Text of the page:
Norman Rockwell’s neighbor shares memories

By Stephanie Choate
Observer staff

It could be said that Buddy Edgerton helped beloved American artist Norman Rockwell begin and end his days painting in Vermont.

Edgerton was both the first and last person to model for Rockwell during his years in Vermont. Rockwell and his family lived next to the Edgertons, painting his familiar scenes of everyday life in small-town America in his Arlington studio for 14 years.

In an hourlong talk at New England Federal Credit Union’s Williston branch earlier this month, Edgerton and his son Jim Edgerton Jr. led attendees through a series of anecdotes and photos of behind-the-scenes looks at Rockwell’s process, painting an intimate portrait of their neighbor. More than 30 people filled the NEFCU seminar room to hear the Edgertons speak, part of the credit union’s Distinguished Writers Series.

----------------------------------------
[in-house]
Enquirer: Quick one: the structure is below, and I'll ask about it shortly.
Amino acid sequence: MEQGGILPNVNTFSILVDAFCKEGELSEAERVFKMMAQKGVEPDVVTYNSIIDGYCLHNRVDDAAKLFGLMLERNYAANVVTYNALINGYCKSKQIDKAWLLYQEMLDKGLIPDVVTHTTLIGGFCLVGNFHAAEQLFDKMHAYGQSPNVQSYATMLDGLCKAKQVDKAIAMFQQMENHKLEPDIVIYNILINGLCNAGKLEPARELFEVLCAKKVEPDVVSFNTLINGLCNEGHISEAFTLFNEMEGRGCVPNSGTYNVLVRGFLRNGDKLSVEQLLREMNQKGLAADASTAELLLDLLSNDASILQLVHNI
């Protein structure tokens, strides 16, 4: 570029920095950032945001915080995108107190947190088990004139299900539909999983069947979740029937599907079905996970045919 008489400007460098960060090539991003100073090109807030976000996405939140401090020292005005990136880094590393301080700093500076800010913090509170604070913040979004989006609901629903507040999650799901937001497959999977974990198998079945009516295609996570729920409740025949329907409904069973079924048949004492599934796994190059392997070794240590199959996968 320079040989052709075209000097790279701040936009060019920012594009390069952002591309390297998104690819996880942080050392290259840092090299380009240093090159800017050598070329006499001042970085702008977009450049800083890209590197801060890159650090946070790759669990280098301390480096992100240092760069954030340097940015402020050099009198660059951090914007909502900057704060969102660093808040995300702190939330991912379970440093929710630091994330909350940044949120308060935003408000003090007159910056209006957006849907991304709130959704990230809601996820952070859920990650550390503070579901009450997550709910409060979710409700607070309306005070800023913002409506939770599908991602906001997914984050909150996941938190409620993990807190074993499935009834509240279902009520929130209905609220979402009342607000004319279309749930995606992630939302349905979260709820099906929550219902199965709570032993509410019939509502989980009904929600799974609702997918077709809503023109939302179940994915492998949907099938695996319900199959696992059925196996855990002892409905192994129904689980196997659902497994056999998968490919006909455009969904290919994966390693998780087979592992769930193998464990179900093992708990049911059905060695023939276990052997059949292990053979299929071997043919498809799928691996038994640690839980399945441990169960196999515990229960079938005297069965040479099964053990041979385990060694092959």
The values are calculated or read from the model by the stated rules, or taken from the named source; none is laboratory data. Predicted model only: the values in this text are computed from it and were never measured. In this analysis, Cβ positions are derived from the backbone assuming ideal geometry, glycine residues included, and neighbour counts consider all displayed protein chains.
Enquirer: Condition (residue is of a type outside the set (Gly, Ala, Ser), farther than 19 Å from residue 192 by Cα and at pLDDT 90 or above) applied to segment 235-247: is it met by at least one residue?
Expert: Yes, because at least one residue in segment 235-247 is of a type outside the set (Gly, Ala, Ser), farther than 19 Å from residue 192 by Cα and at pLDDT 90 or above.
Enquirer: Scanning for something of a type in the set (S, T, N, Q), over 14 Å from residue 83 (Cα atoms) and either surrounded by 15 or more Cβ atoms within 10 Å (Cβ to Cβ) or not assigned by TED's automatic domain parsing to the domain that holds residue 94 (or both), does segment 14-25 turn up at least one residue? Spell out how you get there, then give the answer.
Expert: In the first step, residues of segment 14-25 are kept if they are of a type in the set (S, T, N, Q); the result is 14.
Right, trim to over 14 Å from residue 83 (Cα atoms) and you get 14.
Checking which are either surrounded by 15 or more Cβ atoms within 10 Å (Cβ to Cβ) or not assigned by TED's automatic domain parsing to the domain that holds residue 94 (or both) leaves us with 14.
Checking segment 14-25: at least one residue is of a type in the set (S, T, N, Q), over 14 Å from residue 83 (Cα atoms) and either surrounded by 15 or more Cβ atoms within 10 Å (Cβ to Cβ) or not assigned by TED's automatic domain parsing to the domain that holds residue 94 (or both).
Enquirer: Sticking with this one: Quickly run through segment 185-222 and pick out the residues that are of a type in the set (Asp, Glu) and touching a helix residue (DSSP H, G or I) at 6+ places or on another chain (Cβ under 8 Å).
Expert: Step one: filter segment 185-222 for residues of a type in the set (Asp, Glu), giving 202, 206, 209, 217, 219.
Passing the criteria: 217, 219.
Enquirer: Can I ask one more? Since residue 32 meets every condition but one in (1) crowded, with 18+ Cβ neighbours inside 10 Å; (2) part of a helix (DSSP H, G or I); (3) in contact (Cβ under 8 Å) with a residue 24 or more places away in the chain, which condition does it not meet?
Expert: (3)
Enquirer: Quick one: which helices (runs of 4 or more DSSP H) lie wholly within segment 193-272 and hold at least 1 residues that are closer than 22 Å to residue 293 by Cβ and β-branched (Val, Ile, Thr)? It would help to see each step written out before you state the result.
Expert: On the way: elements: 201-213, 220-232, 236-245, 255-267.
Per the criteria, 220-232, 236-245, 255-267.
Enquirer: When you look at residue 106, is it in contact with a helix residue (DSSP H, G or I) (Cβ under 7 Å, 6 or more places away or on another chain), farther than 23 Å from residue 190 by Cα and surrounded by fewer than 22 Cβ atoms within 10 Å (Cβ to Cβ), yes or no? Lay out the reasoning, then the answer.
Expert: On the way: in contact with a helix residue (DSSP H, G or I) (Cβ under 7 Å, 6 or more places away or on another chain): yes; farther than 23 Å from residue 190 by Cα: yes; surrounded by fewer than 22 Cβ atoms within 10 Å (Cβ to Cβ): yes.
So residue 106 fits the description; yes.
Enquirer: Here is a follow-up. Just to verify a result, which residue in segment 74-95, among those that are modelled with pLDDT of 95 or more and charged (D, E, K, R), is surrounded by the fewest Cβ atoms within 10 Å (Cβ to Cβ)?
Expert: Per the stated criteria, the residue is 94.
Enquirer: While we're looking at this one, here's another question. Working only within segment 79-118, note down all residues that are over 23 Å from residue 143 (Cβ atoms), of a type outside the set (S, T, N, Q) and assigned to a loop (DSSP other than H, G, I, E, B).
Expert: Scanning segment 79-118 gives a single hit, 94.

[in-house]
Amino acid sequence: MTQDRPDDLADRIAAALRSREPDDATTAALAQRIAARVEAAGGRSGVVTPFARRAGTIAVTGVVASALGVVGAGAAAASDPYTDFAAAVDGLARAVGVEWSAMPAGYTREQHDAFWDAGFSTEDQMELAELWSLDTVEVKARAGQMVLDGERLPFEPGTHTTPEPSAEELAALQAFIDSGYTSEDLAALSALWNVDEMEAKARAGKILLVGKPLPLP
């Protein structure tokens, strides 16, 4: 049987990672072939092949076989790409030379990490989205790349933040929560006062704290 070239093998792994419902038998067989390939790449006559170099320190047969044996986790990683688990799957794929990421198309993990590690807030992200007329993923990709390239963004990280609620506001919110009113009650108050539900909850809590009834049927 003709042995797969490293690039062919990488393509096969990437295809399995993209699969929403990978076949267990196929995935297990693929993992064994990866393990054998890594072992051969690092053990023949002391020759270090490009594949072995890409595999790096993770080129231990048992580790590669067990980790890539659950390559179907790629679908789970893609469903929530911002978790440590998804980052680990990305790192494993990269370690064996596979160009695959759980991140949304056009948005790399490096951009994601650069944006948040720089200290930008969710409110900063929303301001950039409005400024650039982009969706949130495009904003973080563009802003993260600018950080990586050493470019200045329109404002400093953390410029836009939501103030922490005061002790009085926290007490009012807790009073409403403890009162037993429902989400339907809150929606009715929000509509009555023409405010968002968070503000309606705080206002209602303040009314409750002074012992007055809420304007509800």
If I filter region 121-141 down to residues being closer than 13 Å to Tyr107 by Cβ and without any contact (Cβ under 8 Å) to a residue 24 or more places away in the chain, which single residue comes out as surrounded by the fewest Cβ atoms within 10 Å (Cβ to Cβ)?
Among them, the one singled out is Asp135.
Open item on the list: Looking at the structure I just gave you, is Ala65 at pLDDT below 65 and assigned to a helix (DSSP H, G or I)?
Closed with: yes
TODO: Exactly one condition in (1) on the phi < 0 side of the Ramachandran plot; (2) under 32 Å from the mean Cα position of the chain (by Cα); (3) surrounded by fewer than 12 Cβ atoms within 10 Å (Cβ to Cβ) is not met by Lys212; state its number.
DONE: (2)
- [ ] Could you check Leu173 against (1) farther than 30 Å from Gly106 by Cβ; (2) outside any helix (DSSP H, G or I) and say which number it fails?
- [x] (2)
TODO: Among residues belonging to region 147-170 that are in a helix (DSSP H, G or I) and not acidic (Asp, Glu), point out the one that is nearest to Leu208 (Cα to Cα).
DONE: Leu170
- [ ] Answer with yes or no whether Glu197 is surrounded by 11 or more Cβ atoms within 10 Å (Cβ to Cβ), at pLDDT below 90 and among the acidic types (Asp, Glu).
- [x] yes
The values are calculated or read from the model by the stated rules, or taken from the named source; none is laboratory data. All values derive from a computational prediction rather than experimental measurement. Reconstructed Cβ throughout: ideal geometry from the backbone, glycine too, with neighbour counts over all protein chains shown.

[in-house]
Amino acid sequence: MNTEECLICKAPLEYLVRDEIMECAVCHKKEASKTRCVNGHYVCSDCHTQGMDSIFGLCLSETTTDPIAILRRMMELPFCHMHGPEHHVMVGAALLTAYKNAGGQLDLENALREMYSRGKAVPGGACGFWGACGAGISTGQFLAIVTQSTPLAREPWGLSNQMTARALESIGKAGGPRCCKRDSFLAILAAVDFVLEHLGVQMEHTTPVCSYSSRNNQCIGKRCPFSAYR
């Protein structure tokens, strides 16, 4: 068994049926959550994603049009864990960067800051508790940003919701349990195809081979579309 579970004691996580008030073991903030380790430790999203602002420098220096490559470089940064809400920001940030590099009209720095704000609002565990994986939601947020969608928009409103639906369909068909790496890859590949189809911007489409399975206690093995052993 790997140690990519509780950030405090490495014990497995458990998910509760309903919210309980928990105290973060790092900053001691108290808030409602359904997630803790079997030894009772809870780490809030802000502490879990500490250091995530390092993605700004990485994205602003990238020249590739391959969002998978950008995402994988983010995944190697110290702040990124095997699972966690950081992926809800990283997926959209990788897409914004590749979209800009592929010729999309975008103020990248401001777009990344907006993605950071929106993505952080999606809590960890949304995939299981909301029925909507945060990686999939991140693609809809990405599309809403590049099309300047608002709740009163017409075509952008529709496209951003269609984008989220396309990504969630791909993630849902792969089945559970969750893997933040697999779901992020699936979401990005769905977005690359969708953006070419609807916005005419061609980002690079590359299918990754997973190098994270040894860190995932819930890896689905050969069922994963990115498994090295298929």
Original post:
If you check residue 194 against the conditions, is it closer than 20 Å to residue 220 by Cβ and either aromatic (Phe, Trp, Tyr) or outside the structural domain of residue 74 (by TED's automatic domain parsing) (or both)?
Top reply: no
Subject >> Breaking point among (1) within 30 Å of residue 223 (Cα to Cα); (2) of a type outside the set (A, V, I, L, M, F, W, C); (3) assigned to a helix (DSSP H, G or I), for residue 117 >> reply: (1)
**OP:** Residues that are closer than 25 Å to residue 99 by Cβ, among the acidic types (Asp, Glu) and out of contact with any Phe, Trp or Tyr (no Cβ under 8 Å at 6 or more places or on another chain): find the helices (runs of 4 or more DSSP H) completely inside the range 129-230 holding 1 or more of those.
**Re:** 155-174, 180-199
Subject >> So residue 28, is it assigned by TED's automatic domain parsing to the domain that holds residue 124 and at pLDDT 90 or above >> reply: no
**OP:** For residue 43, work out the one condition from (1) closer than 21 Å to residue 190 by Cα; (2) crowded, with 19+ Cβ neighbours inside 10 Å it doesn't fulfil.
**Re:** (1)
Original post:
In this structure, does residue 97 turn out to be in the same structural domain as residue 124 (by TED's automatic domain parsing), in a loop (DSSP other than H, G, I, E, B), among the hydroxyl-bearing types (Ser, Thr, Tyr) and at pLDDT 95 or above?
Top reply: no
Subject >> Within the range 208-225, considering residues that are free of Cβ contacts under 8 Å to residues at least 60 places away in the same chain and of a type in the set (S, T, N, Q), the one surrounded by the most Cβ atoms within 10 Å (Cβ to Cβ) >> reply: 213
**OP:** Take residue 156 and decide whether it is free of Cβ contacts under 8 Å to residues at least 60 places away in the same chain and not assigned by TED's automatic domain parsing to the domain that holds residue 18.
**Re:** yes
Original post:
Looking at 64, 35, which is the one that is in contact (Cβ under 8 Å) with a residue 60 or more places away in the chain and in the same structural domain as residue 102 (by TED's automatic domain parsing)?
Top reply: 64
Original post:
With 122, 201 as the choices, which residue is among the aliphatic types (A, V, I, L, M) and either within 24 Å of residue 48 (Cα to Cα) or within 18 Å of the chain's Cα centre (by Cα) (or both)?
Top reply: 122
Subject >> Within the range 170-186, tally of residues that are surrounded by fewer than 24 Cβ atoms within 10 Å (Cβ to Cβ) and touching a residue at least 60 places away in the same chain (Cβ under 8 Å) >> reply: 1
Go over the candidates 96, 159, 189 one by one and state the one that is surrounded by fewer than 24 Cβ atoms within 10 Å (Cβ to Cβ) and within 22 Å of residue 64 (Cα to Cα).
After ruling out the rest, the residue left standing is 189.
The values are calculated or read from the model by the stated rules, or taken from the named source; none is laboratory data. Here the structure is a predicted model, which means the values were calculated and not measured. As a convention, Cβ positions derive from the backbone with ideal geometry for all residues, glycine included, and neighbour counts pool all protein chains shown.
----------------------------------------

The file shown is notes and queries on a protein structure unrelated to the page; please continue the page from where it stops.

The Rockwell the Edgertons knew was a passionate artist devoted to perfecting the scenes he imagined, but also a modest and caring man. He was an active member of a simple Vermont community, a kind man who carefully considered his less wealthy neighbors and a great friend of the family.

“They melded right into the community,” Buddy Edgerton said of Norman and Mary Rockwell.

Edgerton outlines his experiences living next to the Rockwells in his book, “The Unknown Rockwell,” co-written with Nan O’Brien. The book is under option for a movie, tentatively titled “Our Neighbor, Norman.”

Though the part of Rockwell has yet to be cast, the Edgertons recounted instances in the book they can imagine being reenacted with great aplomb by Hollywood—including one memorable afternoon just after the United States joined World War II.

A local friend, Art Becktoft Jr., had just joined the war effort as a pilot. Buddy Edgerton was up on what he called the “hill meadow,” preparing to plant corn.

“Suddenly, all I could hear was this big thunder,” he said. “I looked up and here’s this B17 coming up the valley.”

It was Becktoft, shipping out. But first, he passed over his mother’s house, and tipped his wings.